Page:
2020 is a very special year for CMC Vellore. We celebrate 120 years since our founder, Dr. Ida Scudder started roadside clinics on the dusty village streets of Vellore in 1900.
Dr. Ida’s passion for saving the lives of mothers and babies led her to set up a Medical College to train women doctors and nurses! 120 years later, CMC still plays a vital role in the lives of lakhs of ordinary women and children.
We are India’s top private medical college, training doctors, nurses, allied-health professionals in over 200 different courses. CMC serves nearly 30 lakh patients each year, from all over India and Asia. We are known for our compassionate healthcare, quality education, cutting-edge research and community outreach.
Ida had the challenge of raising funds to start the Women’s Medical College Campus at Vellore. Day and night, she visited schools, colleges, churches and communities in the USA. Her team launched ‘Dollar Day’, reaching out to 1 million people to give $1 to CMC! Thousands of students, housewives and ordinary people contributed to ‘Dollar Day’ in December 1922. They raised half their target by what we now call crowd funding! The rest was kindly given by an eighty-year-old lady, Ms. Ellen Scripps, and the Rockefeller Foundation.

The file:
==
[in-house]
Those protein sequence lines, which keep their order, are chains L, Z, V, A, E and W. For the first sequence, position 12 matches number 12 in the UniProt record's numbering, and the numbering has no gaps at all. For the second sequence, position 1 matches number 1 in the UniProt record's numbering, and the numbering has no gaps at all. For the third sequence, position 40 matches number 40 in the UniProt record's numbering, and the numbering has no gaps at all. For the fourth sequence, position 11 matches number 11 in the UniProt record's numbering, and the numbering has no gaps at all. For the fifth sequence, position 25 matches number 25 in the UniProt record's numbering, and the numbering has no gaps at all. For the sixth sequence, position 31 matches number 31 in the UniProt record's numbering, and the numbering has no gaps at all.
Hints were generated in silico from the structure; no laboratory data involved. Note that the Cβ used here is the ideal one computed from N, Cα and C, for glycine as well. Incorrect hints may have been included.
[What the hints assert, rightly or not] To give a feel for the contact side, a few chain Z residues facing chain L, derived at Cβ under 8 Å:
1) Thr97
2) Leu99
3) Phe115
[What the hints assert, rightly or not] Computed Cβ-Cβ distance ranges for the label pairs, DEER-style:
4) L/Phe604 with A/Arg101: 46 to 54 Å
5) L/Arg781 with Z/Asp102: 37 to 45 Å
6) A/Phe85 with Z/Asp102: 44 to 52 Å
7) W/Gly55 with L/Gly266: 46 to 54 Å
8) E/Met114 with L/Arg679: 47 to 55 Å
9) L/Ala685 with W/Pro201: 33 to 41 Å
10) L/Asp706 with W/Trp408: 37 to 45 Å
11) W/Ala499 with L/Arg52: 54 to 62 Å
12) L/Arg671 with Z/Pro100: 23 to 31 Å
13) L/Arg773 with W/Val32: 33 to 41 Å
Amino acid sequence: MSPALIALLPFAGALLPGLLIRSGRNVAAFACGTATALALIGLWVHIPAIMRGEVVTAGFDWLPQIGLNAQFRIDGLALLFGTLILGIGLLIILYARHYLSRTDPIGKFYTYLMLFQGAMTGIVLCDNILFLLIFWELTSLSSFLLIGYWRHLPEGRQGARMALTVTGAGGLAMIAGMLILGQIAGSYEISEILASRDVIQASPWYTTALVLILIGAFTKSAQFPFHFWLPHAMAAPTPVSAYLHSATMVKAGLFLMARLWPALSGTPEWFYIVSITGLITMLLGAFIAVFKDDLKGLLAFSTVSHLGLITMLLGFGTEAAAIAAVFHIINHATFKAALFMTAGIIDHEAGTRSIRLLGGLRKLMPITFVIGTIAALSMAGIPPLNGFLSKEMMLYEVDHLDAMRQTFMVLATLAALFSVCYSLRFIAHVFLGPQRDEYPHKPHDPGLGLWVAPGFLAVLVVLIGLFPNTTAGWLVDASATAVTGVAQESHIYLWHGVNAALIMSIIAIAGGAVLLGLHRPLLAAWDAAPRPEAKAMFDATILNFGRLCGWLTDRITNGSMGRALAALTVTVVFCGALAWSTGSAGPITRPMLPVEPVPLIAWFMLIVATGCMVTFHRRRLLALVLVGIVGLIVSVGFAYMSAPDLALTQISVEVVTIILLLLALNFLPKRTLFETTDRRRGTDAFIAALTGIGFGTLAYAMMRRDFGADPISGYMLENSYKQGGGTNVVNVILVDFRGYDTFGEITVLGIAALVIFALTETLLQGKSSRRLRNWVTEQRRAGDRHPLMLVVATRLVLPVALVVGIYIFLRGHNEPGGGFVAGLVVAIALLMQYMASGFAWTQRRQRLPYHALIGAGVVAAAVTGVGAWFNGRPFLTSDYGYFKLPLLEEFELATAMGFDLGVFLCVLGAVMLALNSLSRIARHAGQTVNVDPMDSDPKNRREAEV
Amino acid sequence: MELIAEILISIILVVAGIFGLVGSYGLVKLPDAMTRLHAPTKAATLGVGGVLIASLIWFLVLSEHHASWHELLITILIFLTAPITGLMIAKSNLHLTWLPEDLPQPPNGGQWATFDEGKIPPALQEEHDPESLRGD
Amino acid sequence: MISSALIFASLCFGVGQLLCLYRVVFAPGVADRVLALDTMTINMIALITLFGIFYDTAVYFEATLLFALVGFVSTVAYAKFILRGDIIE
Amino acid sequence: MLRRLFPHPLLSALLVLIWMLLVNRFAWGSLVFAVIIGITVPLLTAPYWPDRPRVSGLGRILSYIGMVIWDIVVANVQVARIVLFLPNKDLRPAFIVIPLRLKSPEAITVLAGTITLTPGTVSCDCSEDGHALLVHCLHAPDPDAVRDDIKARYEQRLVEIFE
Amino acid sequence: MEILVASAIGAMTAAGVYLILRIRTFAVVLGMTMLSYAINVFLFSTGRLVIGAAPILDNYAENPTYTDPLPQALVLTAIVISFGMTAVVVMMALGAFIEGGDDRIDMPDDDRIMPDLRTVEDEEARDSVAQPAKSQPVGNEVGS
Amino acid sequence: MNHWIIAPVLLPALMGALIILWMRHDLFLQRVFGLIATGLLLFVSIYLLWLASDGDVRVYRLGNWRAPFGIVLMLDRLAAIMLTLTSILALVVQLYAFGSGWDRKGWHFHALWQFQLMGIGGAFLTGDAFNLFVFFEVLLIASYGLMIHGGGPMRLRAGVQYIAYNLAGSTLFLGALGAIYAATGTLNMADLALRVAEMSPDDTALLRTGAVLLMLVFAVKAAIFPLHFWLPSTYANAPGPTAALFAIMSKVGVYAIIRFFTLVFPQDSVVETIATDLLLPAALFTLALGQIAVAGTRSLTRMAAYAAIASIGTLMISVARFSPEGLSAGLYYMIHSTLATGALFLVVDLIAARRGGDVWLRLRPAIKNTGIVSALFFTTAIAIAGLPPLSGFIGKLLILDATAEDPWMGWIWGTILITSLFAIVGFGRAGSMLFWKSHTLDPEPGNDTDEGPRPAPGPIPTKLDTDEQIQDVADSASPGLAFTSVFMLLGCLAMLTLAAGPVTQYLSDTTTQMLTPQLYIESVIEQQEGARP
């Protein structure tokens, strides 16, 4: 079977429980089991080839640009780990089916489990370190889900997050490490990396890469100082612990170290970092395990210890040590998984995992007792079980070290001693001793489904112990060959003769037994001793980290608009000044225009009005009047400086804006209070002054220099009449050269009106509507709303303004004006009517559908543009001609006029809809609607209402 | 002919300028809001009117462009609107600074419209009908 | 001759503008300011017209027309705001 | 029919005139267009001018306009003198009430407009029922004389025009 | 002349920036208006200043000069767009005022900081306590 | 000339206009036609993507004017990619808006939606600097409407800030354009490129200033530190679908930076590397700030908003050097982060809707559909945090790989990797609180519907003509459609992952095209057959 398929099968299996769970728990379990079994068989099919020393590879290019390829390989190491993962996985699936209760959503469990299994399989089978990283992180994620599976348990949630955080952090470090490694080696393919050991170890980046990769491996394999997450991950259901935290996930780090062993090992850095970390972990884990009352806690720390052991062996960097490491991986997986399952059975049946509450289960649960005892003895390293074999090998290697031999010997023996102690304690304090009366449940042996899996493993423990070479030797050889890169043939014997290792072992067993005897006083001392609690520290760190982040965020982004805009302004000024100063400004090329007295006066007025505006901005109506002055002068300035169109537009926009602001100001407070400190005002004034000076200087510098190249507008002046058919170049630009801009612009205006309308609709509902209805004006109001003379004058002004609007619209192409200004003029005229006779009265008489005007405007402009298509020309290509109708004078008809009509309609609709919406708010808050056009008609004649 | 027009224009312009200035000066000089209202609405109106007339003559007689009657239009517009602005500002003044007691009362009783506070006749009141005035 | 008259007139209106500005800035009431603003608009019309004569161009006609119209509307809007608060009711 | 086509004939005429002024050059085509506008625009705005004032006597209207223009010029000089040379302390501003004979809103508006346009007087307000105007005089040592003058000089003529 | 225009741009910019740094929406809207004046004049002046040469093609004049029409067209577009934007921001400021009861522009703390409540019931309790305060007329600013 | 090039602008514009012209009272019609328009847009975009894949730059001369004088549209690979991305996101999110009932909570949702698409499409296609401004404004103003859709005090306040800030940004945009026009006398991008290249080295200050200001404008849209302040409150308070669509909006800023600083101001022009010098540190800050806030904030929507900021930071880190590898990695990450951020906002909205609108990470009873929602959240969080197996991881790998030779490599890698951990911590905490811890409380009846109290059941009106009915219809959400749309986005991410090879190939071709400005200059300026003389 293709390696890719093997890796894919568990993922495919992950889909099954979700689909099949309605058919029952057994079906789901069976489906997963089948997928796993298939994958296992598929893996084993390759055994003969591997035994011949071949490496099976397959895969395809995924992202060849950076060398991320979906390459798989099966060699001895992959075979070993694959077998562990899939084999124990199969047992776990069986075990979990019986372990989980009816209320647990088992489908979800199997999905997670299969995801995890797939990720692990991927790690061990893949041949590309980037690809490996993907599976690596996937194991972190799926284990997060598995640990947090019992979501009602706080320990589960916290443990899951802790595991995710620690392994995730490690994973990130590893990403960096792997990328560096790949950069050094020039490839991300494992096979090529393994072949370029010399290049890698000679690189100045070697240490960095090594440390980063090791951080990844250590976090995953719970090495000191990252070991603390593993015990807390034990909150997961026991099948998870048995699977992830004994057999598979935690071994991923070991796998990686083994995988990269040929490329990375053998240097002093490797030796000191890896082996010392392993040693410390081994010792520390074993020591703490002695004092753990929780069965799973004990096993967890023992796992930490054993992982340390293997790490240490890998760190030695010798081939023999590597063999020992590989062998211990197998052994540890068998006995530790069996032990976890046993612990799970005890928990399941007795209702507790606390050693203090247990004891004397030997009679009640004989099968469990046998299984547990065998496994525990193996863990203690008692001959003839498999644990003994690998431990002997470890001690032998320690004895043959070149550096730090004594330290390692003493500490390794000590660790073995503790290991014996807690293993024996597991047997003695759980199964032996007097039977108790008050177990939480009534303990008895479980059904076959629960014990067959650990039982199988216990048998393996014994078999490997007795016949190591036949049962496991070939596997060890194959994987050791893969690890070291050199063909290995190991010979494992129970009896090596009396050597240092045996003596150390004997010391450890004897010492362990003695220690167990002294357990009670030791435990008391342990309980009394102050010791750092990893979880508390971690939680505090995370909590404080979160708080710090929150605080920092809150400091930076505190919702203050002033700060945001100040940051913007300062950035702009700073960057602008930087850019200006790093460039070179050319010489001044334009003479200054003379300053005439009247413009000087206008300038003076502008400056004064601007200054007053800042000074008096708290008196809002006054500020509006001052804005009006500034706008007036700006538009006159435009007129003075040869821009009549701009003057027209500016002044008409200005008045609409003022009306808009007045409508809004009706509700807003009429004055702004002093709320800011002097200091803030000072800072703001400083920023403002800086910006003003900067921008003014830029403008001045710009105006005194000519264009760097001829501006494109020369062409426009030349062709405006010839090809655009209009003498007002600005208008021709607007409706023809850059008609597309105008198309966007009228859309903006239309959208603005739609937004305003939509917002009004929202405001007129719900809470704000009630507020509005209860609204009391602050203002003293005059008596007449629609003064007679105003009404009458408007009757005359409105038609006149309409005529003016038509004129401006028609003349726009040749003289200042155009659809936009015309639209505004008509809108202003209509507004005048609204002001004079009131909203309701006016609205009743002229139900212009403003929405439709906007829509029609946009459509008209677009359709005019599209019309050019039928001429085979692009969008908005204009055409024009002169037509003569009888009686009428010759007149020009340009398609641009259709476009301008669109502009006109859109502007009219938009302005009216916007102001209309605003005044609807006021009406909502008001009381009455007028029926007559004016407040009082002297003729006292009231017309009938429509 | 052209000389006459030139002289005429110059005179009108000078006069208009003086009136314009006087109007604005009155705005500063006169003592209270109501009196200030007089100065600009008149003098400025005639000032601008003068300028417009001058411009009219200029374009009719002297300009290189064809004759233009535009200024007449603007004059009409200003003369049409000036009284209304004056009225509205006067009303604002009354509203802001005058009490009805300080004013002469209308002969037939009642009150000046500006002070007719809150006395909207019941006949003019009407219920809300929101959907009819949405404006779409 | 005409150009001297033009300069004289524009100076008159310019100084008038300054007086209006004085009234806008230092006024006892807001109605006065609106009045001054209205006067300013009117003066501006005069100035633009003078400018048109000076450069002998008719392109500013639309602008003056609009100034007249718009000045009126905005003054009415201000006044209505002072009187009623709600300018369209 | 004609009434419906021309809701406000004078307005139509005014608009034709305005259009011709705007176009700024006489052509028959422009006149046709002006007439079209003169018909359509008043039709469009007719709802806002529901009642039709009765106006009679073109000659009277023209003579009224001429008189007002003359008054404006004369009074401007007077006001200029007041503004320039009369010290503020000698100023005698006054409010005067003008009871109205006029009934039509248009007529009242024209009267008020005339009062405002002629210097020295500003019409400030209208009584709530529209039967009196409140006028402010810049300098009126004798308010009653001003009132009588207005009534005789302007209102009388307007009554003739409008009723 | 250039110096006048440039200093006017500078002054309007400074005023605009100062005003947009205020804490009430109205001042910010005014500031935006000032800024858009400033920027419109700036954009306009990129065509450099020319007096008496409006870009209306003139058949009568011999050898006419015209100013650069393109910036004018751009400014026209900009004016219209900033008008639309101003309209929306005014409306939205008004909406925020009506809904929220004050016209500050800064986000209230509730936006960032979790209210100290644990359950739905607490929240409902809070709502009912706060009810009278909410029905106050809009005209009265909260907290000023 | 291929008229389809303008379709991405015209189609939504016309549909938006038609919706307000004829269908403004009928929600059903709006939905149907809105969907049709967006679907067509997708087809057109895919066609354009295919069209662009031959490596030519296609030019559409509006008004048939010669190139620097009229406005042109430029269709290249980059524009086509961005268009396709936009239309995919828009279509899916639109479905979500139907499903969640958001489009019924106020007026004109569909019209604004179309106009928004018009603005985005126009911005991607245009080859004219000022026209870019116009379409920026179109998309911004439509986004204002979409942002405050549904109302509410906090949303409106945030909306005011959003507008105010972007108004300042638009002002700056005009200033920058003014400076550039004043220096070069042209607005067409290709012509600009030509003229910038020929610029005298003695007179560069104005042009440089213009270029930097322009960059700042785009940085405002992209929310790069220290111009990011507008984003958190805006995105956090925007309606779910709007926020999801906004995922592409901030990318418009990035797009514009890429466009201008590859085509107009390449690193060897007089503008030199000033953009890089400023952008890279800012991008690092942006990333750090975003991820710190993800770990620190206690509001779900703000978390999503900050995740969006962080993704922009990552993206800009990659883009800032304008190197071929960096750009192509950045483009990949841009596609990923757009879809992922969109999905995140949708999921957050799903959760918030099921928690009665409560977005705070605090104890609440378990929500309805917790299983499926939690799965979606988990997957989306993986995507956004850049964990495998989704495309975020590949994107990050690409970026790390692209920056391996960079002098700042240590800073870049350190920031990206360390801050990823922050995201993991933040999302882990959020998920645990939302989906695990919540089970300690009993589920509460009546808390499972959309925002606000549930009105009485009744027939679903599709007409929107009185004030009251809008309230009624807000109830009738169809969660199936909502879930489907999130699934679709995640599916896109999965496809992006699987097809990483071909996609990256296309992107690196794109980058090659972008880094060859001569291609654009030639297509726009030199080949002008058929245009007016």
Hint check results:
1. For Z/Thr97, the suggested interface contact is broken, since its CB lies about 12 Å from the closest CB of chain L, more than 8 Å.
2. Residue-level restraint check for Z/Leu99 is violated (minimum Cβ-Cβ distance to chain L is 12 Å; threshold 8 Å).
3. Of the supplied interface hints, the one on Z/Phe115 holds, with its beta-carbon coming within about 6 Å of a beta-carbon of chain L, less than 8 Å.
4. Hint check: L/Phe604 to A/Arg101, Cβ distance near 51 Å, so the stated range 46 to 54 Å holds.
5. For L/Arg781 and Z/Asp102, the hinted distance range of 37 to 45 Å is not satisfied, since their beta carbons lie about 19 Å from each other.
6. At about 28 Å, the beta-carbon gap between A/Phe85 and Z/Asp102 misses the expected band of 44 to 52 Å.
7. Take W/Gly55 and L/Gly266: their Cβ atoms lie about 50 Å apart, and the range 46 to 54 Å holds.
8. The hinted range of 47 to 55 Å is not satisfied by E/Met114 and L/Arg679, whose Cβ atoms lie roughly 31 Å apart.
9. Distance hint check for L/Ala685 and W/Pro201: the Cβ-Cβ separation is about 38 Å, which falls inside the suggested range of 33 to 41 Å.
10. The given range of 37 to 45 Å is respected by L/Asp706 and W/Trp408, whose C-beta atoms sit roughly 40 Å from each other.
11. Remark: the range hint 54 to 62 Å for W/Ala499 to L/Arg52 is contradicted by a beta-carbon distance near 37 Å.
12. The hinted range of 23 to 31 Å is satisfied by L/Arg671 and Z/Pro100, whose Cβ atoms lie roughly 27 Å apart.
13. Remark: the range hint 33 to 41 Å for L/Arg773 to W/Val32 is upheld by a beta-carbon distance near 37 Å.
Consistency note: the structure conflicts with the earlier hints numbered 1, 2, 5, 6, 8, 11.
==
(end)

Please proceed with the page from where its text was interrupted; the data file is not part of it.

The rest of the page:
This year, CMC celebrates 120 years of service. In 2020, we appeal to YOU – donate ₹200 (or multiples of ₹200!) towards our poor patients.
In December 2020, we celebrate 150 years since Ida’s birth. In her memory, we reach out to a lakh of compassionate people to raise ₹2 crore to support our poor patients. Your generosity can make all the difference for a poor patient at CMC. Spread the word – share this with your friends and family. Join #CMC2020 today!
Madhubala’s family lives in the slums of Vellore. Many years after her marriage, Madhubala was delighted to learn she was pregnant.
She went for regular antenatal checkups to CMC Hospital’s Low Cost Effective Care Unit. .
In the seventh month of her pregnancy, her doctors gave her the terrible news that her baby was not growing. Madhubala had pregnancy-induced hypertension and severe anaemia and her life was at risk.
“We desperately wanted to save both mother and baby and admitted Madhubala in CMC Hospital for an emergency operation.The doctors saved her life, but her premature baby weighed only 700 grams. We did not know if this tiny baby would survive,” recounts her doctor.
CMC’s Neonatology team stepped in, caring for the infant in the Nursery for 2 months. Madhubala’s family could only afford a fraction of the operation and newborn care costs. CMC’s charity scheme for deserving disadvantaged patients covered the rest.
Madhubala and her baby are safely back home now. The LCECU team visits them regularly.
Mr. Prakasam, a recovered leprosy patient, is a happy father to three children and a trusted meat and egg-seller in the community.
Apart from the income he makes from this job, he also has his pension from CMC where he worked from a young age till his retirement at 60.